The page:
New Zealand–Music

 

(While you’re learning about the music of New Zealand you may want to browse through the New Zealand Folksong Website that offers a wonderful collection of MÄori folk songs, complete with recordings and lyrics.)

Before Europeans landed in Aotearoa, much MÄori vocal music was similar to that found elsewhere in Polynesia–energized chanting, often done without instrumental accompaniment and with the vocalists singing either solo or in unison. Before Western colonial contact, MÄori priests were exclusively allowed to play instruments in public because of musical instruments’ power as a form of communication between humans and gods. (Non-priests played instruments, but in private or even in secret.) There were several kinds of flutes such as the bird-bone KÅauau and the flute/horn PÅ«tÅrino, conch shell trumpets like the Putatara and spinning instruments like the whirling, whirring Purerehua. When Missionaries arrived they brought church-based harmonies and Western instruments; as a result, most MÄoriinstruments were “lost” and have only a experienced a revival since the 1980s. (Learn about Maori instruments on the Tamok Studio and MÄori Arts Gallery | Watch a video of MÄori instruments in play)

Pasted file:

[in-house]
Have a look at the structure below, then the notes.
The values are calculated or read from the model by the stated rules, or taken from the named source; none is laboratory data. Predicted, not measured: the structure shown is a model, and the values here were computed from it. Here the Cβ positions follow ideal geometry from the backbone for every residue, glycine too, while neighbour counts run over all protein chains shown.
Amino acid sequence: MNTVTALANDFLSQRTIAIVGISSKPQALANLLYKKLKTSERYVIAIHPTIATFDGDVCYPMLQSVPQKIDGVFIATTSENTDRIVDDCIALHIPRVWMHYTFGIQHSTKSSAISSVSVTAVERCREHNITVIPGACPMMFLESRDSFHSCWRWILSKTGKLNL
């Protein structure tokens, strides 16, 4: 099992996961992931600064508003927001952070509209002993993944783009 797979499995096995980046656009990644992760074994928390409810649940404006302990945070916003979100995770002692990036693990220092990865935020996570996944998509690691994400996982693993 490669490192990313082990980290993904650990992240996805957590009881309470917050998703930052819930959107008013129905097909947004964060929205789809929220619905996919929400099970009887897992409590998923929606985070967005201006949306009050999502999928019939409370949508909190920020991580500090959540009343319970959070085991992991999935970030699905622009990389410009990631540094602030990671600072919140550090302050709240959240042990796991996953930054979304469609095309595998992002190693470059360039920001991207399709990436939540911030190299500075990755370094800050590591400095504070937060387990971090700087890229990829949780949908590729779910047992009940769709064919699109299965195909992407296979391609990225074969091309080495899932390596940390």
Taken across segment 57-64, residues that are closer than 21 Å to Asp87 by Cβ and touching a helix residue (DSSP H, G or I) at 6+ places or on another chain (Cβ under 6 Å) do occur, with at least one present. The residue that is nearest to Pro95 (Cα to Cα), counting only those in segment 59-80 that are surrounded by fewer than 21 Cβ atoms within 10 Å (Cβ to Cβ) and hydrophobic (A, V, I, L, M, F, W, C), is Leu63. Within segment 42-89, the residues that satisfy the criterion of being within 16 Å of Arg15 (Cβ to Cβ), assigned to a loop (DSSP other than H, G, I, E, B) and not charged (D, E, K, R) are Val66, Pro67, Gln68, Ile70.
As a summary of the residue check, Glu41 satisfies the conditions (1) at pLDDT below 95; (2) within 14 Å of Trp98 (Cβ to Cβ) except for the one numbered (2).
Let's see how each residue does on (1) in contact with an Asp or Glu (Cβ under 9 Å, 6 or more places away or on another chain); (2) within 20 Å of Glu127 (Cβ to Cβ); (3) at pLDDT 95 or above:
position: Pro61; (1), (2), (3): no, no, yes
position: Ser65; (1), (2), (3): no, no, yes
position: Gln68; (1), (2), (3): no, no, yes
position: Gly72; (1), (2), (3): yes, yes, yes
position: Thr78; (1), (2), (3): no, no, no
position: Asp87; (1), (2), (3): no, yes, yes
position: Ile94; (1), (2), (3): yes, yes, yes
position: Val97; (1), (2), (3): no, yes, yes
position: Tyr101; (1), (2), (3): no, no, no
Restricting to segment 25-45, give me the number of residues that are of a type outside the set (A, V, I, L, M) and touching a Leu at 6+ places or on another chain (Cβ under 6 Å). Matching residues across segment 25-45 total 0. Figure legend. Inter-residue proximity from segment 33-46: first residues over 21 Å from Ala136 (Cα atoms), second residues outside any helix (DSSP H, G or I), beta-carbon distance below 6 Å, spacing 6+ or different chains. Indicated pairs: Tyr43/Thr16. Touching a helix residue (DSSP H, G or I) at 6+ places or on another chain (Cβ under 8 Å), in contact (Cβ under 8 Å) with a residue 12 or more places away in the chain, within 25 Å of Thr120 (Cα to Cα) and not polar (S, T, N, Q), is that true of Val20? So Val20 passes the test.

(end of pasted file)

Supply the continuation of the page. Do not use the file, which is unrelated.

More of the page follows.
HAKA
While “haka” is the generic term for MÄori dance, today’s most identifiable haka is a ferocious chant in which dancers pound on their bodies, using themselves as percussion. According to Haka.co.nz’s introduction to haka (note: there is just a bit of grown-ups only information in this link without the kids), “also essential to the art of haka are pukana (dilating of the eyes), whetero (protruding of the tongue performed by men only), ngangahu (similar to pukana, performed by both sexes), and potete (the closing of the eyes at different points in the dance, performed by the women only).”

The best-known haka is “Ka Mate.” Composed in 1820 by a chief named Te Rauparaha, “Ka Mate” is a rousing chant adopted by New Zealand’s deeply beloved national rugby team, the All Blacks. Watch the All Blacks haka. Amazing. (Watch the national team of Tonga respond with a haka of their own.) Of course the All Blacks don’t have exclusive rights to the haka. Watch this extraordinary haka, performed for a graduation ceremony on the North Island. (Our chant, “Te Waka,” is a MÄori haka. Learn about ‘Te Waka”
here.
)

MAORI ACTION SONGS:
New Zealand’s “action song,” now generally accepted as the country’s primary form of cultural dance, didn’t really exist until the early 20th century when a predominant MÄori parliamentarian, Sir Apirana Turupa Ngata, helped developed them as a way to celebrate and promote MÄori culture. “Kapa haka,” groups that perform action songs, have become popular in New Zealand. Watch YouTube videos of a few MÄori action songs and you’ll understand why. 1 | 2 | 3.

NEW ZEALAND POP: